Kane and Daniel Bryan have been champs since September.  It’s almost 7 months.  That’s the longest tag run in three years. 

Has this been a good year for Bryan Danielson?  A year ago, the most sustained show long crowd reaction the day after The Rock met John Cena was not for either of those guys, but instead for Danielson, who wasn’t even booked. Daniel Bryan chants filled arenas for months – and while you can’t call a 7 month tag title run a burial, he clearly isn’t as over as was he at this point last year.  He became a crutch for creative; Danielson could do the comedy vignettes that would fill the programming, and the lack of good matches and the disinclination to frame him for the WWE audience as someone who you can count on when you want to see a good wrestling match (which was how they branded Mr. Perfect, for example) makes this sort of a lost year.  Hopefully, what it’s done is eliminate the down side risk (good luck with your future endeavors) as his non-wrestling utility is probably accepted by management.  I don’t know if he’s any closer to a 25 minute Wrestlemania match today than he’s been throughout his WWF tenure.  Presumably, they recognize they can’t rely on Rock/Hunter/Undertaker for too many high profile matches going forward and would at some point utilize the star power of that generation to help create the next wave of wrestlers who will make the company money in future Wrestlemanias. 

 I’m tired of being wrong about the champs dropping this belt and Danielson breaking free of this tag team.  I predict it in every event.

I’m picking it here too.  Ziggler and Langston win the belts.
There aren't any more 3 star matches from the show.  This went 6:30 and was fine given the time allotted. Champs kept.  It never ends.     

* Chris Jericho vs. Fandango
For whatever reason, Vince became convinced that “evil ballroom dancer” was the right way to counterprogram RAW against Dancing With the Stars, and given his past appearance on that program (although I don’t know that it’s been referenced as part of this build) Jericho has gotten the call to help get Fandango over. 

The “evil” element of the Fandango gimmick is working pretty well; he’s viciously attacked Jericho multiple times and looked believable in doing it.  The ballroom dancer part of the gimmick has shorter legs; like Doink – it probably can’t work as a babyface.  I’d expect this to be too short to matter much with the dancer going over (Maksim Chmerkovskiy left Dancing with the Stars this season, his run in to aid Fandango would be the weirdest Mania celebrity cameo since Herb, the guy who never ate a Whopper, teamed with GenichiroTenryu. 

9 minutes, just okay.  Fandango beats him.  

* Ryback vs. Mark Henry
This is not an arm wrestling match or a bodyslam challenge, but, for those of you unfamiliar with these men, it might as well be.  They will stand in the middle of the ring and slowly hit each other with clubbering fists until Ryback bodyslams Henry and gets the win. 

8 minutes of bearhugs.  Henry went over and Ryback turned on RAW.

* Randy Orton, Big Show and Sheamus vs. The Shield (Rollins, Reigns and Ambrose)
If you’re like me you’re watching the inaugural season of Big Brother Canada…

…And you watch the US and UK versions as well – years ago, I was starting to go out with a woman and my brother said “tell her you own 5 wresting DVDs.  Five.  You keep that shit to yourself”.  My international interest in the Big Brother franchise isn’t that – but it can see that from there.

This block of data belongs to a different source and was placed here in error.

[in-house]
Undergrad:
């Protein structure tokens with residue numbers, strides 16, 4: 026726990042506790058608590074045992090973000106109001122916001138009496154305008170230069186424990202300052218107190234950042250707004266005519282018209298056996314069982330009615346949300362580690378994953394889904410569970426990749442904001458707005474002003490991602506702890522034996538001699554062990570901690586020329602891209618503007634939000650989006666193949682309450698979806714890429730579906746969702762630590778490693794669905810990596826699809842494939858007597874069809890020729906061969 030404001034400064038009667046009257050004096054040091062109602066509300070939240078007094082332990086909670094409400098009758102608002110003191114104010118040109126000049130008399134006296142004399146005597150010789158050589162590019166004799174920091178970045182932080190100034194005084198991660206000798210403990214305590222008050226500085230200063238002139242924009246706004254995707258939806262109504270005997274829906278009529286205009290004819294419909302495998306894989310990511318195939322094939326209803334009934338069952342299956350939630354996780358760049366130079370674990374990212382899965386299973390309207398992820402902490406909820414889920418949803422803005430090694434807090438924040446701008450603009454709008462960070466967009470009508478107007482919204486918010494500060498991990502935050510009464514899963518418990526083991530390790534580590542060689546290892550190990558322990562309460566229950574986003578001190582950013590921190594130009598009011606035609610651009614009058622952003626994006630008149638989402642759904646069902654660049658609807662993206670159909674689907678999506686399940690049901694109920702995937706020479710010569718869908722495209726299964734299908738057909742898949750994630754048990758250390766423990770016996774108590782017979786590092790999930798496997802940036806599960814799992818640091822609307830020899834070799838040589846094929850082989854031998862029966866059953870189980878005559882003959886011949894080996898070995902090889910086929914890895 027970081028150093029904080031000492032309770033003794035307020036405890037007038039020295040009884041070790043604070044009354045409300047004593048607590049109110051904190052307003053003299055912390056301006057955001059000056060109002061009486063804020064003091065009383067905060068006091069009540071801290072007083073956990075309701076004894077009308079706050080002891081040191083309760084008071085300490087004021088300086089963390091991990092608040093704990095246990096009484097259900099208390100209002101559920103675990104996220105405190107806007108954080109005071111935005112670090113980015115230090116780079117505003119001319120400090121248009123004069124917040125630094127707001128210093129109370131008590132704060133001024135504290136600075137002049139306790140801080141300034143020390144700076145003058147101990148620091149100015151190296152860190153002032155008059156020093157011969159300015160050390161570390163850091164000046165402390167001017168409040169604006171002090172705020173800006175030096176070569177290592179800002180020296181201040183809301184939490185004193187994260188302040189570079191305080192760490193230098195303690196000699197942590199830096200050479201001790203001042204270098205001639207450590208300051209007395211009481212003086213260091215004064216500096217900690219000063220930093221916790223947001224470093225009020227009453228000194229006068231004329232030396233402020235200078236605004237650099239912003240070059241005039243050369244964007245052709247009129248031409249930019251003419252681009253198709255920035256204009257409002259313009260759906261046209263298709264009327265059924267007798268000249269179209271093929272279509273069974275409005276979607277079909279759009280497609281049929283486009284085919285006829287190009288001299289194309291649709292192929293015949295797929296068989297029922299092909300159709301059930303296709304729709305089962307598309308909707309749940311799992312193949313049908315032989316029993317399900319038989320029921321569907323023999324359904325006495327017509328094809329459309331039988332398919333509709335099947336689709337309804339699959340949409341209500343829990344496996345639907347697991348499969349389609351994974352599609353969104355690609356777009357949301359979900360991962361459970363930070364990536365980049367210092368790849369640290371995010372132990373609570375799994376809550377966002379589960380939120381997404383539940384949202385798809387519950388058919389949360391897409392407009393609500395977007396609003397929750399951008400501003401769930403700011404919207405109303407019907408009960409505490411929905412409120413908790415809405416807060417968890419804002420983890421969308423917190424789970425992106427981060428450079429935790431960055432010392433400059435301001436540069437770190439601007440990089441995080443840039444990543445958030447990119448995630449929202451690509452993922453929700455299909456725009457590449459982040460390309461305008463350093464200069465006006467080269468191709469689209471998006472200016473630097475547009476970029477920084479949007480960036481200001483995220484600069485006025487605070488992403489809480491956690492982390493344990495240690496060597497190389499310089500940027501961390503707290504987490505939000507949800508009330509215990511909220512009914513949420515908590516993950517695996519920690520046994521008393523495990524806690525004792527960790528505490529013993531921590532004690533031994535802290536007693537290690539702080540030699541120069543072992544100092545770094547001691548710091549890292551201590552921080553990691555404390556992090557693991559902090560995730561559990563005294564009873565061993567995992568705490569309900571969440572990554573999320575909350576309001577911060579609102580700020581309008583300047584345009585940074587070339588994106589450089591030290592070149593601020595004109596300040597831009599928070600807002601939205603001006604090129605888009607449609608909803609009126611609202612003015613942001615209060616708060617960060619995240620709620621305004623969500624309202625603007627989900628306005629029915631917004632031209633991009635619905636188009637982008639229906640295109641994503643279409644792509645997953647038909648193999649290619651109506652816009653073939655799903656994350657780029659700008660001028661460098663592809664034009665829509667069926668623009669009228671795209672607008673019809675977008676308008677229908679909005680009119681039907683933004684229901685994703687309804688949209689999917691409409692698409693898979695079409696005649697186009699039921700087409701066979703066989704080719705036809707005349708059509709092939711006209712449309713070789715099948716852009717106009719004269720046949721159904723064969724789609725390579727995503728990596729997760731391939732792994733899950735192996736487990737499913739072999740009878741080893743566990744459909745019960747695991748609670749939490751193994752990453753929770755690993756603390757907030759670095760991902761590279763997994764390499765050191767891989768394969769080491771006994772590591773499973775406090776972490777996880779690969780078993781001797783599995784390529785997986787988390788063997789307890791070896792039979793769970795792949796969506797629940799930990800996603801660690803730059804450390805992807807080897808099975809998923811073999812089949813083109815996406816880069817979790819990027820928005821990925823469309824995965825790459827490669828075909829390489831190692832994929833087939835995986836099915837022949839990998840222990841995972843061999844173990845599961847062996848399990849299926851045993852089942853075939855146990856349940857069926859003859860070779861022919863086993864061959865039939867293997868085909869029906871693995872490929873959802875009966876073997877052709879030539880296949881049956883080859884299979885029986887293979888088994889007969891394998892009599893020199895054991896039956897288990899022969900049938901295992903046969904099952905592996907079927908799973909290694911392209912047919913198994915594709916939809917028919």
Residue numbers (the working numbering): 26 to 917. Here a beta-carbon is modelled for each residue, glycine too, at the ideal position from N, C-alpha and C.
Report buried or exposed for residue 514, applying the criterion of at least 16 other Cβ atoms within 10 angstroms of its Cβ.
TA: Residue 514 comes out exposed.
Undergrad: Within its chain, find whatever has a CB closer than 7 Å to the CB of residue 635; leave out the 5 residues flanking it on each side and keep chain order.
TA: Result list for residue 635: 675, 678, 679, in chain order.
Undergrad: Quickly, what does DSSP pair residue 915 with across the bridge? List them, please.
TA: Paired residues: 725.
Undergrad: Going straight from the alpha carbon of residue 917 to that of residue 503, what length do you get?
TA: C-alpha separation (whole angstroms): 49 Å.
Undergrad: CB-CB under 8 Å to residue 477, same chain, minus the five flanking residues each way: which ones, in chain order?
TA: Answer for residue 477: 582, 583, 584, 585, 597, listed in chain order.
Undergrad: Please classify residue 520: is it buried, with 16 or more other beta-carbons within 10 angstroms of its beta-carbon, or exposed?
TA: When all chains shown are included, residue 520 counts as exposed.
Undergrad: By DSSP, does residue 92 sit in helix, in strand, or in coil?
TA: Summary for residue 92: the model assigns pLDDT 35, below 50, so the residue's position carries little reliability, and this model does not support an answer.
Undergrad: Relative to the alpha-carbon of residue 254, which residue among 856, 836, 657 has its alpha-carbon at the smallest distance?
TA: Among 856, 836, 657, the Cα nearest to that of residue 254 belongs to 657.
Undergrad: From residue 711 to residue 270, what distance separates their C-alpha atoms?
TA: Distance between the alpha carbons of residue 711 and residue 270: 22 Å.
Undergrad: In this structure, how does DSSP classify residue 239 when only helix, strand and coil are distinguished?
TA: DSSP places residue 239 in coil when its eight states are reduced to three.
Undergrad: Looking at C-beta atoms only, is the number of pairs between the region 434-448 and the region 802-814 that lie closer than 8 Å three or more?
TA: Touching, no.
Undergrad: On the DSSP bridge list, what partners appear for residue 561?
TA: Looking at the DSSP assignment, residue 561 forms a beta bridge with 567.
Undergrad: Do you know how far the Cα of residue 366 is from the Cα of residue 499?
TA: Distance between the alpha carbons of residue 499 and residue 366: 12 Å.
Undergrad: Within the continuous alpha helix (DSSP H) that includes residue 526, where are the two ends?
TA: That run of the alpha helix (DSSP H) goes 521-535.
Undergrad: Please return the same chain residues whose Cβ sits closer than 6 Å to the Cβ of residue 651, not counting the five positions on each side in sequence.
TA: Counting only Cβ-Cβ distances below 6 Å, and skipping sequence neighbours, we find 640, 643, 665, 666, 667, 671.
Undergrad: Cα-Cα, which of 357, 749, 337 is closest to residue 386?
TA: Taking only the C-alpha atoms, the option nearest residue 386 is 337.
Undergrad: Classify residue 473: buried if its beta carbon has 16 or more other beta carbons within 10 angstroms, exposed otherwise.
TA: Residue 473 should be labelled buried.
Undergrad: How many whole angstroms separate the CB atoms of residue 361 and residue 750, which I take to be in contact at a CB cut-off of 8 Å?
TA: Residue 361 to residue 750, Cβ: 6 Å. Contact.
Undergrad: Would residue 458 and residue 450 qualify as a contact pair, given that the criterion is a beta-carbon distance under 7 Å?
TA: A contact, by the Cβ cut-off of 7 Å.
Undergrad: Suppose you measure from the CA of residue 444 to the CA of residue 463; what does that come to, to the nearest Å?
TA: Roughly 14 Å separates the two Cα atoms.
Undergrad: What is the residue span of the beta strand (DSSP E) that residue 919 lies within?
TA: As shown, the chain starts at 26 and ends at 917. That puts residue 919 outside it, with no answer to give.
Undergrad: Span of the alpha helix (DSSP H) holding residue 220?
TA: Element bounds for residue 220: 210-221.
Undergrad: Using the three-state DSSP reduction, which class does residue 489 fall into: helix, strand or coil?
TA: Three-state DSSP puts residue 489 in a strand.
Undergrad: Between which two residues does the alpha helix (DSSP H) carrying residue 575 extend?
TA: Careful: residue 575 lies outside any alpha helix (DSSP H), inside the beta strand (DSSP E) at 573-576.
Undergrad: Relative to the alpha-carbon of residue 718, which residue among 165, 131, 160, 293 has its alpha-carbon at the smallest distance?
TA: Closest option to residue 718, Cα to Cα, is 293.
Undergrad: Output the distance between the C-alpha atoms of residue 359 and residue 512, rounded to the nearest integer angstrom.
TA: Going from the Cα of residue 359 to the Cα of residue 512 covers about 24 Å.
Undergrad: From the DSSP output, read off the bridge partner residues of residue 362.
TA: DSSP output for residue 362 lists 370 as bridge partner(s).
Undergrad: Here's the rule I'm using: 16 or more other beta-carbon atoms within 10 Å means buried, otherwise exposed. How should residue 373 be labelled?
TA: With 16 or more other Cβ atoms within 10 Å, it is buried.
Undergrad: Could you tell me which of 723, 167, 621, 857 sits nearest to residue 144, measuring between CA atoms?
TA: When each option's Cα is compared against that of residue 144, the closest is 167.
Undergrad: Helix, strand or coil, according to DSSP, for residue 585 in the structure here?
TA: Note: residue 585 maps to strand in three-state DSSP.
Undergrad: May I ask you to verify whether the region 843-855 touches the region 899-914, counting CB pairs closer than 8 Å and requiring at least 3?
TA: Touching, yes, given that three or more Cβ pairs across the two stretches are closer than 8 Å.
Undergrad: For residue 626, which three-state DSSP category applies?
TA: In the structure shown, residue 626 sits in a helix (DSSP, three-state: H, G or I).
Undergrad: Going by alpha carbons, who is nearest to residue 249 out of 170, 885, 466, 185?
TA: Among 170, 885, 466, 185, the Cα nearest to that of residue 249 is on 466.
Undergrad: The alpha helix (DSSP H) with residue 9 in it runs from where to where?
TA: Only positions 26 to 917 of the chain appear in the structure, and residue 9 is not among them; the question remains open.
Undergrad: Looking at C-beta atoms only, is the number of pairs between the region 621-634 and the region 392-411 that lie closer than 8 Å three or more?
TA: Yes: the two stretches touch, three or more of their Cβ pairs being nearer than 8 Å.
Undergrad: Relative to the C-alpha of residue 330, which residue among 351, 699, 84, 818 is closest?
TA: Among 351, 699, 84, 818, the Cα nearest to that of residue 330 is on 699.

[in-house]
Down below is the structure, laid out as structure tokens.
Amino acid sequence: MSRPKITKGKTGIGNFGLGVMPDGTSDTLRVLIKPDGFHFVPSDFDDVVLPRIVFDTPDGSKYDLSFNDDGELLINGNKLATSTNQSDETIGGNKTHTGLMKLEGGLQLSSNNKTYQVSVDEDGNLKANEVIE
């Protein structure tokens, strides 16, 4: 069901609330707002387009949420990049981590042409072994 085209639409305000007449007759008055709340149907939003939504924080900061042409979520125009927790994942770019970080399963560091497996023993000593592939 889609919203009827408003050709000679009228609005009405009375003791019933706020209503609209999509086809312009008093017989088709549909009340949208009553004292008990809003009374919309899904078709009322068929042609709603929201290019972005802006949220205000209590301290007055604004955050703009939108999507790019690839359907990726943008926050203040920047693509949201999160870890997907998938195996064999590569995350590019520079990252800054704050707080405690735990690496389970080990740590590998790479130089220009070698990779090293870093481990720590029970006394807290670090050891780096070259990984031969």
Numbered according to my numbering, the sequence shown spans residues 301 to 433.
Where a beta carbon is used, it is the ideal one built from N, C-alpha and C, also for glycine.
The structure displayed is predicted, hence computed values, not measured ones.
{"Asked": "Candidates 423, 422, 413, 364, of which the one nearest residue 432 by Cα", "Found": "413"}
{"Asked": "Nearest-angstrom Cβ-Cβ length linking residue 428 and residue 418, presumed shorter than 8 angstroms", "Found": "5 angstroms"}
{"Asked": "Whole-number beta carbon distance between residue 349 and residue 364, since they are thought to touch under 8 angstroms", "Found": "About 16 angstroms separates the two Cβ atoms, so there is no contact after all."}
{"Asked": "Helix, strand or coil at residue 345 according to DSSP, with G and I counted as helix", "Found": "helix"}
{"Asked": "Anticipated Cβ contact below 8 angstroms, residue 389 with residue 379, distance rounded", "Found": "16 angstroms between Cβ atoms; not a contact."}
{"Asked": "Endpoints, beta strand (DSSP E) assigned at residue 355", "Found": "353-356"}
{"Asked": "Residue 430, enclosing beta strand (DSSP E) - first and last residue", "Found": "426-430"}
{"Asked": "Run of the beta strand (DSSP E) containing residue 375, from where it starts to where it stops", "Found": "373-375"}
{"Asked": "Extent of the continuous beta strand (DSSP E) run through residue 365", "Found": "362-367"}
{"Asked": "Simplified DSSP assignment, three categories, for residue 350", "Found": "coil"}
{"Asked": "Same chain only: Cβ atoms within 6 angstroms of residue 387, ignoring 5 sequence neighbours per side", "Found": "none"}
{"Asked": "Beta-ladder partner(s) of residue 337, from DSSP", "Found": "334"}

So, if you’re watching Big Brother Canada you know that the main alliance in the house has nicknamed itself The Shield and uses the X armsign upon casting votes to evict.  I’m rooting like hell for them. 

I’m also rooting for their WWE namesake – The Shield hasn’t gotten nearly enough ringtime considering the quality of two of its members; WWE doesn’t have to become the workrate based promotion that I’d prefer to recognize that they can use match quality to help get guys over.  There’s no reason to beat them here against an ad hoc babyface team.  Randy Orton looks as bored as a 14 year old during a mitosis lecture.  If he doesn’t turn here he’s never going to pass Biology.

10:30, this was just fine, Orton was selfish and it pissed the Show off.  

* Brodus Clay, Tensai, Cameron and Naomi vs. Cody Rhodes, Damien Sandow, Nikki and Brie Bella
There will be dancing. 

This got bumped.  There was no dancing.  

That’s the show – it’s perfectly fine.  The Undertaker/Punk and Hunter/Brock matches certainly have **** potential; the possibility of Ziggler cashing in his briefcase and Daniel Bryan wrestling for more than 18 seconds are also worth some anticipation.  The pre-show has a Barrett/Miz (and maybe a Cesaro?) match; it’s five hours of sports entertainment for your wrestling dollar, and is bound to be a happening.  


Mark said...

I reckon the story to tell here is Cena turning heel to beat The Rock in the same way Austin did at WM17 (maybe even with Heyman in the McMahon role).

Monday's heelish promo by Cena gave me the smallest hope that it might happen.

Blog said...

Jason Hanson retired today. Does he belong in the Hall of Fame?

Jim said...

Don't know.

The best I can do is say there are almost no closers who belong in the baseball hall of fame; no Sutter, no Smith. For someone with so few innings pitched to make it, you need to either have innings somewhere else (like Eck) or be the very best (like Rivera).

Kickers are similar; they don't play much and are largely interchangeable - you'd need to be the best to make it. The metrics really don't exist to do a good evaluation of that, we have FG% but can't do home field adjustments. It's hard to say, when looking at a guy like Ken Anderson who isn't in, that there are any kickers more worthy than he was.